2.6. Vinification

The four batches of grapes were vinified at the Charles Sturt University Experimental Winery (Wagga Wagga, NSW). To extract juice, grape samples from each severity level were pressed using a hydraulic press (Stow, Bristol, England), and the juice was collected separately into 1 L Schott bottles. Each sample was pressed three times with similar pressure (200 kPa). The control samples were pressed first followed by the rest of the samples, starting with the grapes with the lowest severity of infection. The chamber of the press was thoroughly washed with distilled water between pressings of each severity level. Marc (skins, stems, and seeds) were separately collected for each severity level and stored at −20°C prior to extraction of fumonisins.

Potassium metabisulfite (PMS) (Winequip, Reservoir, Vic., Australia) was added to generate 60 mg/L total SO2 in juice. The juice samples were overlaid with N2 gas and kept in a cold room at 4°C for 24 h to precipitate solids. Total soluble solids were measured with a DMA 35 N Anton Paar portable density meter (Graz, Austria). The pH of the samples was adjusted to 3.3 by adding tartaric acid. The juice samples were inoculated with Saccharomyces cerevisiae (DV10; Eaton, Dublin, Ireland) at a rate equivalent to 0.25 g of dry yeast/L of juice. Fermentation was carried out at 16 ± 2°C, and the TSS and temperature were measured daily to monitor the fermentation. Diammonium phosphate (DAP) (0.3 g/L of juice) was added during fermentation to provide nutrients for yeast growth as required. When TSS reduced to below 0.1%, the wine was racked, and PMS was added to generate 60 mg/L total SO2 in the juice to prevent oxidation. A second racking was performed as required, and PMS was added to bring the free SO2 to 25 mg/L to ensure that the molecular SO2 was approximately 0.5 mg/L. The bottles were overlaid with CO2 and held at 4°C for cold stabilisation for 30 days. At this time, wine samples were analysed for pH, TA, and the concentrations of ethanol, free SO2, and total SO2 (Table S1).

2.7. Sampling

After pressing, marc was separately collected for each replicate, from all disease severity levels, to estimate the amount of fumonisins from a kilogram fresh mass of grapes, and to estimate the amount of fumonisins removed during solids separation. Similarly, juice or wine samples were collected after pressing, after fermentation, and after cold stabilisation. Samples of lees were also retained after racking to estimate how much fumonisin was removed with the lees. All samples, including wine were stored at −20°C in polypropylene centrifuge tubes with screw caps (Thermo Fisher Scientific) before analysis of fumonisins. The wine production and sampling process followed in this study is outlined in Figure S1.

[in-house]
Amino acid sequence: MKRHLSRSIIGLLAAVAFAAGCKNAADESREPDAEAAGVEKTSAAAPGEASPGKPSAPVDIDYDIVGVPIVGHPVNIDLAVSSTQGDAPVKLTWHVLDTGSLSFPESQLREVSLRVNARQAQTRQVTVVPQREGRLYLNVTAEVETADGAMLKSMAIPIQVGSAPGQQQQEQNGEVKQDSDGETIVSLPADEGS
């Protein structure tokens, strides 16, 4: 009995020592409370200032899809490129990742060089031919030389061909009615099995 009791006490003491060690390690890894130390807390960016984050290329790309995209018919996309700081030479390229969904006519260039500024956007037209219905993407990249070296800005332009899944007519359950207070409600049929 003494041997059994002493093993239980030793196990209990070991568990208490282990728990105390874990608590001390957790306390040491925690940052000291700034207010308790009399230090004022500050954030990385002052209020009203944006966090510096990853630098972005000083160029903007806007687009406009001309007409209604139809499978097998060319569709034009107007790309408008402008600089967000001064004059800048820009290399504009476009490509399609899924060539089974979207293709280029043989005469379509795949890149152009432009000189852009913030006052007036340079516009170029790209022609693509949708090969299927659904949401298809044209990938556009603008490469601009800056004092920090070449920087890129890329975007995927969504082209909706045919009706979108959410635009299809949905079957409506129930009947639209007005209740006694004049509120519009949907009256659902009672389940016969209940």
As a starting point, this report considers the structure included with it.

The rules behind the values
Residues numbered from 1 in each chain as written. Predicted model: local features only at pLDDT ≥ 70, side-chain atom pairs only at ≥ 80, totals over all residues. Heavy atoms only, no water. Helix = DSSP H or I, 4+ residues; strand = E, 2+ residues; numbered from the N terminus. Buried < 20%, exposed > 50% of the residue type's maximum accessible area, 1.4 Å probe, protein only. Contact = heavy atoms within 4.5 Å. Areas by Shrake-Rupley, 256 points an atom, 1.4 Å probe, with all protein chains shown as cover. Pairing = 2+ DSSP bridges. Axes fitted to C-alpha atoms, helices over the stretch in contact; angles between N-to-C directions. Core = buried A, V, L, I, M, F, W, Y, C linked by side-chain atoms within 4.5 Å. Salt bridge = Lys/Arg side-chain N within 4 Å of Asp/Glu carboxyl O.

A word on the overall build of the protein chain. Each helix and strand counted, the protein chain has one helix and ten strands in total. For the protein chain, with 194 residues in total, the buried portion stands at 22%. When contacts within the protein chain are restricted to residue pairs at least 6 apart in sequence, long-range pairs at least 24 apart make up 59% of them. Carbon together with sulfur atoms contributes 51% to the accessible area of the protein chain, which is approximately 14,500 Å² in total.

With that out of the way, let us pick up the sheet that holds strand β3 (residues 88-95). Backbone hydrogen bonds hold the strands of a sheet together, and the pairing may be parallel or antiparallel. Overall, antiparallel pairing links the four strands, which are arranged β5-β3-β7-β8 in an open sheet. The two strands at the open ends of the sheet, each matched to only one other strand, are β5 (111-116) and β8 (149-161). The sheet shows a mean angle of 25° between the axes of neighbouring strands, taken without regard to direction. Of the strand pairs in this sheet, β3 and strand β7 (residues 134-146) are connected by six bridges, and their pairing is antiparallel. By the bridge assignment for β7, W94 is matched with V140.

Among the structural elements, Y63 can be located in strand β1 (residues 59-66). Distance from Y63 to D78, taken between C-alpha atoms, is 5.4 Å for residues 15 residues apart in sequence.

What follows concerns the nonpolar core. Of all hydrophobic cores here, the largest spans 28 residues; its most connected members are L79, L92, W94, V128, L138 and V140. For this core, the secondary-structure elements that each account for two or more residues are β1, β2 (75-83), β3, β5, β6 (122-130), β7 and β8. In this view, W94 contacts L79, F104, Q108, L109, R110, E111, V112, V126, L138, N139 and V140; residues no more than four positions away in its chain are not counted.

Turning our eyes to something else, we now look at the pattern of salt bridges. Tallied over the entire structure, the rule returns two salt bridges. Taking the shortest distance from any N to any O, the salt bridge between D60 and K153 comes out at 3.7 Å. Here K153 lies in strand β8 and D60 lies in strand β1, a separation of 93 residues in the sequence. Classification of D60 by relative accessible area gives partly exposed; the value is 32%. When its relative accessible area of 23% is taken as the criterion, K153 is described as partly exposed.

2.8. Effect of Fining Agents in Removal of FB2
2.8.1. Wine Samples

A commercial bottle of Australian Chardonnay wine (Yarra Valley, Australia, 2018 vintage, pH 3.2, ethanol 12.0%) without detectable fumonisins (as tested before spiking) was spiked with FB2. The concentration of FB2 in the wine was adjusted to 1 mg/L. The spiked wine sample was aliquoted into 20 mL glass vials (5 mL wine per vial) and stored at −20°C until required. Wine samples were kept at 4°C overnight prior to fining agents being added. Upon addition of the fining agents, the samples were incubated at 20°C in the dark.

2.8.2. Preliminary Screening

Preliminary screening of the fining agents was conducted to identify the most effective agents for the removal of FB2 in white wine and to identify the required contact time. The fining agents, calcium bentonite and PVPP were used at a maximum concentration of 1 and 0.8 mg/L, respectively, as recommended by the Australian Wine Research Institute (AWRI) for clarification of white wine [36]. Activated charcoal was initially tested at a concentration of 1 mg/L and of 2 mg/L, which is the maximum recommended concentration for the clarification of white wine by the AWRI. Each concentration resulted in approximately 100% removal of FB2; hence, the use of 1 mg/L activated charcoal in the latter experiments. A relatively new fining agent, NO (OX) was used at 0.6 mg/L, which is the maximum concentration recommended for white wine by the manufacturer (Winequip). For yeast hulls (Lallemand), there is no maximum concentration recommended by the AWRI, and therefore, a concentration of 1 g/L was used according to Zara et al. [37].

To determine the contact time required to remove FB2 from white wine, each fining agent was allowed to have contact with FB2 for 24 and 48 h.

2.9. Effect of the Concentration of Fining Agents in the Removal of FB2

To assess the effect of concentration of fining agents on FB2 removal, activated charcoal and calcium bentonite, which showed a capacity to remove more than 50% FB2, were further tested with two lower concentration values together with the concentration values tested during preliminary screening. The contact time was selected based on the results of the preliminary screening. All samples were incubated in the dark at 20°C with agitation (70 rpm) in a reciprocating shaking incubator (Thermo Fisher Scientific). Control samples without fining agents were subjected to the same experimental conditions. Samples were prepared in triplicate. At the end of the allocated incubation time, the samples were filtered through 0.2 μm RC syringe filters (Phenomenex, Lane Cove West, NSW, Australia) and analysed by LC-MS/MS as described in the following.